“The fact that she rose from social media, posting online, to now being the star of one of the most classic Disney movies and being a Black woman in America — to me there are so many things to pull from that,” Mr. Fleming said. “Unfortunately some folks are looking at it like: Well, the original movie wasn’t a Black woman. I think we’re missing the point. It’s necessary, and I’m especially grateful that Disney took the chance to do this, even though they probably felt they were going to get backlash. It’s so important for every generation coming up to see this.”
Shannon Lanier said he was “very excited” when he heard Ms. Bailey would be playing Ariel “because she is a woman of color and I am raising two girls and a little boy of color, and it is so important to have representation so they can be proud of who they are, and be able to have the ability to imagine that anything is possible — even if it is a fairy tale.”
“She’s Black! Oh, my God!” yelled his daughter Madison, 11, wide-eyed and smiling, in the video recorded by Mr. Lanier. “Yes, yes, yes!” her brother Carter, 6, chimed in. “I can’t wait to see this!” added McKenzie, 9.
“It is really exciting to have a mermaid of color because it inspires probably more people of color to try things,” Madison said in an interview. “I thought it was really cool because I had never really seen that.”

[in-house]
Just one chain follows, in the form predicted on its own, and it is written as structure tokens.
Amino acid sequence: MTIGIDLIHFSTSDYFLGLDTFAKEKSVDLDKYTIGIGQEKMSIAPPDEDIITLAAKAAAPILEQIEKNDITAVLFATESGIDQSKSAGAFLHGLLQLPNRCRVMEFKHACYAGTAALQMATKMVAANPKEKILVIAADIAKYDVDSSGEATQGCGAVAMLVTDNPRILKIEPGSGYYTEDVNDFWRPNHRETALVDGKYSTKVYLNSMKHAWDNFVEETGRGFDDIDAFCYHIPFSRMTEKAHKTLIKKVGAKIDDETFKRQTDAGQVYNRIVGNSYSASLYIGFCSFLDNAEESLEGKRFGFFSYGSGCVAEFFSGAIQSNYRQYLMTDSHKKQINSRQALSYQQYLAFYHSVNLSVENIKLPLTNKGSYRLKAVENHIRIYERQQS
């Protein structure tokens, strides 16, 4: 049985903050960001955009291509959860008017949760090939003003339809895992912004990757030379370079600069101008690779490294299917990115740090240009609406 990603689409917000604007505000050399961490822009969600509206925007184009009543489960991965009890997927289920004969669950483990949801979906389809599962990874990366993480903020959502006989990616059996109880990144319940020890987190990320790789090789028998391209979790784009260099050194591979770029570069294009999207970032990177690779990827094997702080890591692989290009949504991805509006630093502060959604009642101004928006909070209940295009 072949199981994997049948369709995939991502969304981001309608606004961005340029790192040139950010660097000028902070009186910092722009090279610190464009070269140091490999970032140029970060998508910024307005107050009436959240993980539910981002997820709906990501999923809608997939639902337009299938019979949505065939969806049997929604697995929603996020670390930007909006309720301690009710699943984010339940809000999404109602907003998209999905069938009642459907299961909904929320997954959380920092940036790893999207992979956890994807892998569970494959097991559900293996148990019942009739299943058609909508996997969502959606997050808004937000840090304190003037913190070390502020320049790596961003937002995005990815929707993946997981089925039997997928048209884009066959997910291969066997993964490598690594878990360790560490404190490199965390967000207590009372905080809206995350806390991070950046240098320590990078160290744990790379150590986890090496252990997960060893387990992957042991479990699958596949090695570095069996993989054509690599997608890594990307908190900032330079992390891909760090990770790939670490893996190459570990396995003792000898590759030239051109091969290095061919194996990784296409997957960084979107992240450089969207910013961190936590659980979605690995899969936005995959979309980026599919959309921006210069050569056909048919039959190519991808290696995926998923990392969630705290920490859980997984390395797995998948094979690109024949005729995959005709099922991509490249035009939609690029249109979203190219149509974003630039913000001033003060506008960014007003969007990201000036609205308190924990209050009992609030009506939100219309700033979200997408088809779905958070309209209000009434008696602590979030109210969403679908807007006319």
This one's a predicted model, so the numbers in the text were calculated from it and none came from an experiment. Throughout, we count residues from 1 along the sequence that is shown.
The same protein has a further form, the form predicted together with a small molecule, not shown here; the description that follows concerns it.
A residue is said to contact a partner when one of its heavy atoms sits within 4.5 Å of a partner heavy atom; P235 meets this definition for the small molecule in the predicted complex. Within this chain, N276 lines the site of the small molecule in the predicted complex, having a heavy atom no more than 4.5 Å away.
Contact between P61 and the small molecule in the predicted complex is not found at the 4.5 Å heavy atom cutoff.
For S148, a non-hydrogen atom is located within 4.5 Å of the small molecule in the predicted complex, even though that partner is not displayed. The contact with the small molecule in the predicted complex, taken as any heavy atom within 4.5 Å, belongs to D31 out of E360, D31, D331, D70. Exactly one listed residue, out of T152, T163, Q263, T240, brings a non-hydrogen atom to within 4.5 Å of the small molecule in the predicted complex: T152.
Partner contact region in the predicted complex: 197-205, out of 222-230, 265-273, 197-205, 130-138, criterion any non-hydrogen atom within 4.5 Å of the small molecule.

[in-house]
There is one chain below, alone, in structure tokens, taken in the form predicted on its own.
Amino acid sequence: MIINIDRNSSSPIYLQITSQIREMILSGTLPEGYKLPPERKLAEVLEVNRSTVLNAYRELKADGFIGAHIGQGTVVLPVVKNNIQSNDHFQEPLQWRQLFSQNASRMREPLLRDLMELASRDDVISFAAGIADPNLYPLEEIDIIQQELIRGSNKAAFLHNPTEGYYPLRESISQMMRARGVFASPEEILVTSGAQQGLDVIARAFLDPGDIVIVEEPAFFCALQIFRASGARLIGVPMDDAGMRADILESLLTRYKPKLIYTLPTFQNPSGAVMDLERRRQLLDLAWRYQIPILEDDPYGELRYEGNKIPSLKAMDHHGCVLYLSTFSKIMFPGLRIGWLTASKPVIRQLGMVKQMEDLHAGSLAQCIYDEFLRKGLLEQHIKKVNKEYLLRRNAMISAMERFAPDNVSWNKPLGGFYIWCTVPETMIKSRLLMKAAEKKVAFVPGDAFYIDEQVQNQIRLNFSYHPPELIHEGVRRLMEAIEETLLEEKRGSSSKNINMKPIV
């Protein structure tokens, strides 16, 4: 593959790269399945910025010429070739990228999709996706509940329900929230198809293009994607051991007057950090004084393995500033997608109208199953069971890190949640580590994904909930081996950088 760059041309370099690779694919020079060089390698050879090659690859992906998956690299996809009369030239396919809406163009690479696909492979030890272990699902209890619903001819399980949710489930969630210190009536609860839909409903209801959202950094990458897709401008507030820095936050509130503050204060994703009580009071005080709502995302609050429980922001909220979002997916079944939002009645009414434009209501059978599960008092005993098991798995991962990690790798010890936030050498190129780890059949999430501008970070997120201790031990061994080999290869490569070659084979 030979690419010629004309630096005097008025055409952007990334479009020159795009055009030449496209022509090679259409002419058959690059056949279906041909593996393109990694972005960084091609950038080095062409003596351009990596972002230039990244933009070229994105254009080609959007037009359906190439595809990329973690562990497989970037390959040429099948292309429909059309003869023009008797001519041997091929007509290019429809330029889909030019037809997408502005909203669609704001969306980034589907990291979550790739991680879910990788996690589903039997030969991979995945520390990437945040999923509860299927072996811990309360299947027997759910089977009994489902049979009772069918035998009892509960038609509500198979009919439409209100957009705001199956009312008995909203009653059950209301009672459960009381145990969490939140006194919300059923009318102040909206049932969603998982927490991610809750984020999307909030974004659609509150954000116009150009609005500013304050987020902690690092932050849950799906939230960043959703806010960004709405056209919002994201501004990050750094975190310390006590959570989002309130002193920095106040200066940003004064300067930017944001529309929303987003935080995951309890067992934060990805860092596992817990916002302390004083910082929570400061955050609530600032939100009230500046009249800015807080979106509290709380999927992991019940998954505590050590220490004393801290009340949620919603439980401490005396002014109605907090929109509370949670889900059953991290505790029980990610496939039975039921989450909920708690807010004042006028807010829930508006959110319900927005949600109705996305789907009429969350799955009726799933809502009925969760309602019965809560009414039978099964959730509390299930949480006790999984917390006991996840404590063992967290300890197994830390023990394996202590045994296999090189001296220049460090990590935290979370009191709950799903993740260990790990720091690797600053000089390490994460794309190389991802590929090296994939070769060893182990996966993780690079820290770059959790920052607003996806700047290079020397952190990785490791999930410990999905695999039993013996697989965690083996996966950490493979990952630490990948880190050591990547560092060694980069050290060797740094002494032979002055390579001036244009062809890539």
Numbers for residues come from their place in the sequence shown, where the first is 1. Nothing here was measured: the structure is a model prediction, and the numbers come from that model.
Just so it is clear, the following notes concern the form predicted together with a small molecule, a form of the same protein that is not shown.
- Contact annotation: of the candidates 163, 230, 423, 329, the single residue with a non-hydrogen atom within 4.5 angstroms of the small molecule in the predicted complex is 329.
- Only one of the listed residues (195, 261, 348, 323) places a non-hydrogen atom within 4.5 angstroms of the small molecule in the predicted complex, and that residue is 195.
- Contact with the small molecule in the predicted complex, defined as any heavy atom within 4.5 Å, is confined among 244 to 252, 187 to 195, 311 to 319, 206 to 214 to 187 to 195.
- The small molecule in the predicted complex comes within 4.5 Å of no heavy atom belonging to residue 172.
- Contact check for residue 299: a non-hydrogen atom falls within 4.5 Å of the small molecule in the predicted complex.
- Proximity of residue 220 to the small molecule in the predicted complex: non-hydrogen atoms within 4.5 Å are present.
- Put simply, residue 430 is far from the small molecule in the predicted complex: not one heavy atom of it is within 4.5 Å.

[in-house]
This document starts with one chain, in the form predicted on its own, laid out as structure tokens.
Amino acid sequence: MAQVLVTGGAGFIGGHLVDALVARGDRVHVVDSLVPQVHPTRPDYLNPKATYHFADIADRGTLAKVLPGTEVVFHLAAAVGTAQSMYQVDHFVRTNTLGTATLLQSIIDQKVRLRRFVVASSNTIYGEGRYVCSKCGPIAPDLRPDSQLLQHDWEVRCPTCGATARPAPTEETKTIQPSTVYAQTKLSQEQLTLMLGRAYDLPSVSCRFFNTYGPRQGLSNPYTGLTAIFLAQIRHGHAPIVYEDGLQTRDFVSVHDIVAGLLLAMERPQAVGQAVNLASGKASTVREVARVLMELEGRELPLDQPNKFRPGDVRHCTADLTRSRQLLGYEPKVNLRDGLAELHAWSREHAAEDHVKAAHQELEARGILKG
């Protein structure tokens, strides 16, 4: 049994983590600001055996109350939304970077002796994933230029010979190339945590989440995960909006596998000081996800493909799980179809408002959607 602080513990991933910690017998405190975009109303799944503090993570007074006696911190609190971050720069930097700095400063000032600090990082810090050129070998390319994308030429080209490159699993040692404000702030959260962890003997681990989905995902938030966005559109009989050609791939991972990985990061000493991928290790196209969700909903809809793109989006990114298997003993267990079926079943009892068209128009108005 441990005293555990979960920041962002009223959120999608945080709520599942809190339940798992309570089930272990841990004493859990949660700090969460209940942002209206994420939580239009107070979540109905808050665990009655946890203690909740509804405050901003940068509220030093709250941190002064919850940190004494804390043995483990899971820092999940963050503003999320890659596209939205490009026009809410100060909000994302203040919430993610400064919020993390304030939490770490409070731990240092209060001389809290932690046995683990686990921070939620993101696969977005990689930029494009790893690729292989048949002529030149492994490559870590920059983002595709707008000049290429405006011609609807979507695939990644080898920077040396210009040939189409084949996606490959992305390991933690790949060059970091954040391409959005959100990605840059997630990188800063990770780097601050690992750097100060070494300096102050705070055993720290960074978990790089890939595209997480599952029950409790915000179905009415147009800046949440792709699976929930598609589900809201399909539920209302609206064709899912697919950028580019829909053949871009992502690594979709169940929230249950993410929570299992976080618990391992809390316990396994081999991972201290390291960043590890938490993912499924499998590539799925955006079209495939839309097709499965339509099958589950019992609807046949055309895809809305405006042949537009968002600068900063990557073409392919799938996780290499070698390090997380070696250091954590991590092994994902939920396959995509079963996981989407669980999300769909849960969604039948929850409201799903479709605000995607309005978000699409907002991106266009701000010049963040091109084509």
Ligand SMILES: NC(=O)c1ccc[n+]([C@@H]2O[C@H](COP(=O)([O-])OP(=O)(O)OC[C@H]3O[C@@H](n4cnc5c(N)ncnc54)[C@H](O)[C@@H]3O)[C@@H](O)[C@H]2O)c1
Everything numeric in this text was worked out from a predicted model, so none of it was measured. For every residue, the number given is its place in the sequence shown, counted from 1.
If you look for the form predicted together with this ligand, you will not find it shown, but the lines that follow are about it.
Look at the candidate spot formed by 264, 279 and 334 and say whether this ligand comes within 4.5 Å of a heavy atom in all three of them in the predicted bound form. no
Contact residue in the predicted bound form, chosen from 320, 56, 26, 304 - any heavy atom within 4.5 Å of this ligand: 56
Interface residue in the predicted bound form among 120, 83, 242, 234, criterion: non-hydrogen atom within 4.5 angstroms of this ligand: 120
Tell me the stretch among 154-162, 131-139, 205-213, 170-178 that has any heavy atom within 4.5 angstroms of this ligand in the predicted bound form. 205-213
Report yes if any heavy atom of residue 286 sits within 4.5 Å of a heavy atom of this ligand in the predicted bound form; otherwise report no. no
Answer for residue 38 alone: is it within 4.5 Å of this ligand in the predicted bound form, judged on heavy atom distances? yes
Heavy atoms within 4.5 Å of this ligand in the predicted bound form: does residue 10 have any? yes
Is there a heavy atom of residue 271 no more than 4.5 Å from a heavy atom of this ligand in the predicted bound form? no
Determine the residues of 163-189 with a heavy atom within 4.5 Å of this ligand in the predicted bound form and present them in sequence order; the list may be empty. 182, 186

Carter said he was still waiting for a Black prince.
Nicky Lungaro saw one of the reaction videos on TikTok and thought she should try the same thing with her daughter Maya Everage. Maya, 9, sat in front of the television in her pink onesie with her two braids dangling down her back. When Ariel appeared, she was speechless, looking back to Ms. Lungaro as though she couldn’t believe her eyes.
“She was incredibly excited to be able to see herself on the big screen,” Ms. Lungaro said. “This is way past due. This shouldn’t be that big a deal. This shouldn’t be that momentous an occasion, but it is, because Black and Indigenous people of color are so underrepresented in media. It’s their time to shine.”
Maya, whose favorite Disney movies include “Pocahontas” and “The Princess and the Frog,” thought the new Ariel “was really beautiful and has really long locks.”
“She looks like me,” she added in an interview.
Ms. Lungaro said she was amazed by how “a sweet moment” could have “such an impact.”
“It’s so incredibly beautiful and overwhelming,” she said.
Precious Avery, who filmed her 3-year-old, Emery Garcia, watching the trailer, agreed.
“I just love that she’s able to see someone who looks her,” Ms. Avery said. “She loved the movie before, but the sparkle in her eye that I see when she saw the trailer verified how much representation really matters.”
Ms. Avery is taking Emery to Disney World soon and had thought about what might happen if they saw Ariel at the theme park. “Now this is what she thinks Ariel looks like,” she said. When Ms. Avery brought it up, Emery said she didn’t think Ariel would be there anyway — because she lives in the water.
Mr. Shanks is also headed to Disney World with his wife, Meredith, and their three daughters. He, too, has thought about the conversation and said he would tell them that the movie was not out yet so Black Ariel would likely not be there. “They love all Disney princesses,” he said. “I think it helps them to know that they will be included in being princesses.”